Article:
In some ways, this feeling recalls the one biological parents may promote when wishing for a better, easier life for their kids. However, shared histories and identity make this even more meaningful. “As trans and queer people, it’s vital to have someone who’s walked your path [and] who can point you in the right direction,” says Bam Bam. “Whether that’s healthcare, sex, housing, drugs, shopping, margaritas, how to eat an oyster, sending an invoice, whatever. Most importantly I’m still going to be there, whichever direction you choose, to love and aid you on your own route”.
“Most importantly I’m still going to be there, whichever direction you choose, to love and aid you on your own route”Bam Bam
Similar sentiments emerge from Golcher, one of the organisers of Pride of Arabia, a social support network for queer people from the Southwest Asian and North African (SWANA) region. She emphasises that the primary difference she’s noticed between her biological family and the one she’s created is that with the former, being her whole self is held against her, whereas the latter encourages spaces of discomfort in aid of growth. “With your chosen family, the darker corners of your identity have also been activated and shown, and you are still cared for and held and loved,” she says.
What stands out from both is that ultimately love is at the core of these families. However, unlike with biological families, this is a love that’s been consensually formed and is rooted in intentionality. Golcher doesn’t shy away from talking about the complexities of doing this work but emphasises that “we all want to do better. We want to be less toxic in the way we love and actually define love in a way that’s a verb rather than a noun.”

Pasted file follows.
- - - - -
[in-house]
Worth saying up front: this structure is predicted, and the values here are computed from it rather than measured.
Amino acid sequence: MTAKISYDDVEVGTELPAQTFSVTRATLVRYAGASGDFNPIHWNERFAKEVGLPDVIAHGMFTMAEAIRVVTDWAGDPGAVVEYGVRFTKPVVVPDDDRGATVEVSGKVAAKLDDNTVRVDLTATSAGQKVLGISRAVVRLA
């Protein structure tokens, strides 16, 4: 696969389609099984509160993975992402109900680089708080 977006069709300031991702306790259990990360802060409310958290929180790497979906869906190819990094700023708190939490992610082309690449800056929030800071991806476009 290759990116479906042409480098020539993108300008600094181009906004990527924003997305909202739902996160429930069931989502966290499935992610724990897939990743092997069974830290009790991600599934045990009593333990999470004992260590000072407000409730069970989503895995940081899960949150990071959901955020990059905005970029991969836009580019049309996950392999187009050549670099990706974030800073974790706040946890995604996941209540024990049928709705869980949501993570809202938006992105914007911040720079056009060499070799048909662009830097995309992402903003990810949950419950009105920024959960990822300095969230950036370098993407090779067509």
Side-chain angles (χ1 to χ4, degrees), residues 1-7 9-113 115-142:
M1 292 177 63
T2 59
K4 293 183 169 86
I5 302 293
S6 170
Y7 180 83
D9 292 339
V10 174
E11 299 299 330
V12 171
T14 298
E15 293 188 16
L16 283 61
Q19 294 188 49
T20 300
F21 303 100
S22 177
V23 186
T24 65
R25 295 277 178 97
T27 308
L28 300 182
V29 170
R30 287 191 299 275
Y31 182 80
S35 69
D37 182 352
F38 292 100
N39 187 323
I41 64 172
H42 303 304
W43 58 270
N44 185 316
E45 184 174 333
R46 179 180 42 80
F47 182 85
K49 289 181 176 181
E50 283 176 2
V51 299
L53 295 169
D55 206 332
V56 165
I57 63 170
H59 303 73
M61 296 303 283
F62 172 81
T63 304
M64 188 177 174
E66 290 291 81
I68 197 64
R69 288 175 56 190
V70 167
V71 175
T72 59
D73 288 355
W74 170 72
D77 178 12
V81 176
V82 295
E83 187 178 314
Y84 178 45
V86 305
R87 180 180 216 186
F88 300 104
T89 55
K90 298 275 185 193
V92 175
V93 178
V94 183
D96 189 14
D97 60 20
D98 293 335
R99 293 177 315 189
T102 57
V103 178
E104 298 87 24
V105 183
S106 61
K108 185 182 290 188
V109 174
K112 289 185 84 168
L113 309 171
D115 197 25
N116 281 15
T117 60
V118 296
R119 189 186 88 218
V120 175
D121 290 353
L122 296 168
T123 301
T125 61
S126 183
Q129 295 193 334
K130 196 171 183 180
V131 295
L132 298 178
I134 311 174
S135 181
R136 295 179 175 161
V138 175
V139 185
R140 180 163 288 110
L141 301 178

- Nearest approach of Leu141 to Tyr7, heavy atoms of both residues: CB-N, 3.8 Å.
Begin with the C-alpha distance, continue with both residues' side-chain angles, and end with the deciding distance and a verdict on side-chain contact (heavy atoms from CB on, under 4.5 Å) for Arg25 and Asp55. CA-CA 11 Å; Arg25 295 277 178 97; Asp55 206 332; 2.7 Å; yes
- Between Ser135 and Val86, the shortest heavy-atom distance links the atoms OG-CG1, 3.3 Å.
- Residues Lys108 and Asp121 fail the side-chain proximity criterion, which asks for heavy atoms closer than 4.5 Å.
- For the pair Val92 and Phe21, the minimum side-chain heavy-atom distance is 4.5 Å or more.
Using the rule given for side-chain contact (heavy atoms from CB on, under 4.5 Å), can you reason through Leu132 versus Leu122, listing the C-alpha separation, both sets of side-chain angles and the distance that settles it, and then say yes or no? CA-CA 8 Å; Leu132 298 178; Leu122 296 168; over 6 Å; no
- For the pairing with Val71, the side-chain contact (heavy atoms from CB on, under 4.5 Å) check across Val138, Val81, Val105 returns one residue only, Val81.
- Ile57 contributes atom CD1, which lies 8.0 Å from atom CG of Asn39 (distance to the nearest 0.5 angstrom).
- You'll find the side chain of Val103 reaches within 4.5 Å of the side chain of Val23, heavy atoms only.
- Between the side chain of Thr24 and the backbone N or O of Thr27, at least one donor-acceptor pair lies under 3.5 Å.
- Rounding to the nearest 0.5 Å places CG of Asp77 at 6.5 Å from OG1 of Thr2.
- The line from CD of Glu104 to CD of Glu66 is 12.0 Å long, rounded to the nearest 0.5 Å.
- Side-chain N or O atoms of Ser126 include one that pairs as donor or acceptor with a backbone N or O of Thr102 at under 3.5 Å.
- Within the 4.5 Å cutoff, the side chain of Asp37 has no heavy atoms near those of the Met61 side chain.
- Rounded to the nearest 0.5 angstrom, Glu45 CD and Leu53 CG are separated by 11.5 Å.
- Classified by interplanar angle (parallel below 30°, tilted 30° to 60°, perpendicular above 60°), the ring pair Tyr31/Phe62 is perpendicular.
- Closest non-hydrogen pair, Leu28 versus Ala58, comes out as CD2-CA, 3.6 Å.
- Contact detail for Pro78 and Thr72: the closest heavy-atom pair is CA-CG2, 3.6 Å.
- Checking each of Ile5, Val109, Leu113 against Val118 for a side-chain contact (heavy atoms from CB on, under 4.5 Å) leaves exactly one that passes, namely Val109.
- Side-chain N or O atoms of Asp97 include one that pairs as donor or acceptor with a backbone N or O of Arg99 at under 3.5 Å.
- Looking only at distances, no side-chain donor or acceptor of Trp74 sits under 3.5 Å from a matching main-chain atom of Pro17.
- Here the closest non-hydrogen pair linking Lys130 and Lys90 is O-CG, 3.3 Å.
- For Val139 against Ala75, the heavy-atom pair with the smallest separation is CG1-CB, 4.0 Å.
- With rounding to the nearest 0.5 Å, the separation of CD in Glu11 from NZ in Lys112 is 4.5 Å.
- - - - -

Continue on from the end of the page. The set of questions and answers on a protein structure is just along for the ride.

South Londoner CJ Rivers has been raising their seven-month-old child Micah (whose gender is yet to be determined) as a single non-binary parent. This was an active, willing choice, rather than an imposed one. “Being a parent is the only job I’ve ever wanted,” they say. “It’s really exciting that I finally get to do it. It’s hard, sure, as any job can be from time to time, but it’s exactly what I signed up for and I’m loving every second of it.”
“It’s exactly what I signed up for and I’m loving every second of it”CJ Rivers
CJ’s words sit in direct contrast with the view of single parenthood that we’re presented within the traditional familial paradigm: one that’s less than ideal, unfortunate, lonely. When I ask CJ about their biggest joy in parenting Micah, loneliness is the last thing that transpires. “One of the biggest joys for me has been seeing how people in my life interact with Micah and vice versa,” they say. “One of the first moments of pure joy I felt after giving birth wasn’t being able to hold Micah in my arms – it was the moment I handed them over to my birth partner and watched him hold them close. There’s something about seeing the people you love and care about loving and caring about your kid, wholly and unconditionally, that is absolute magic.”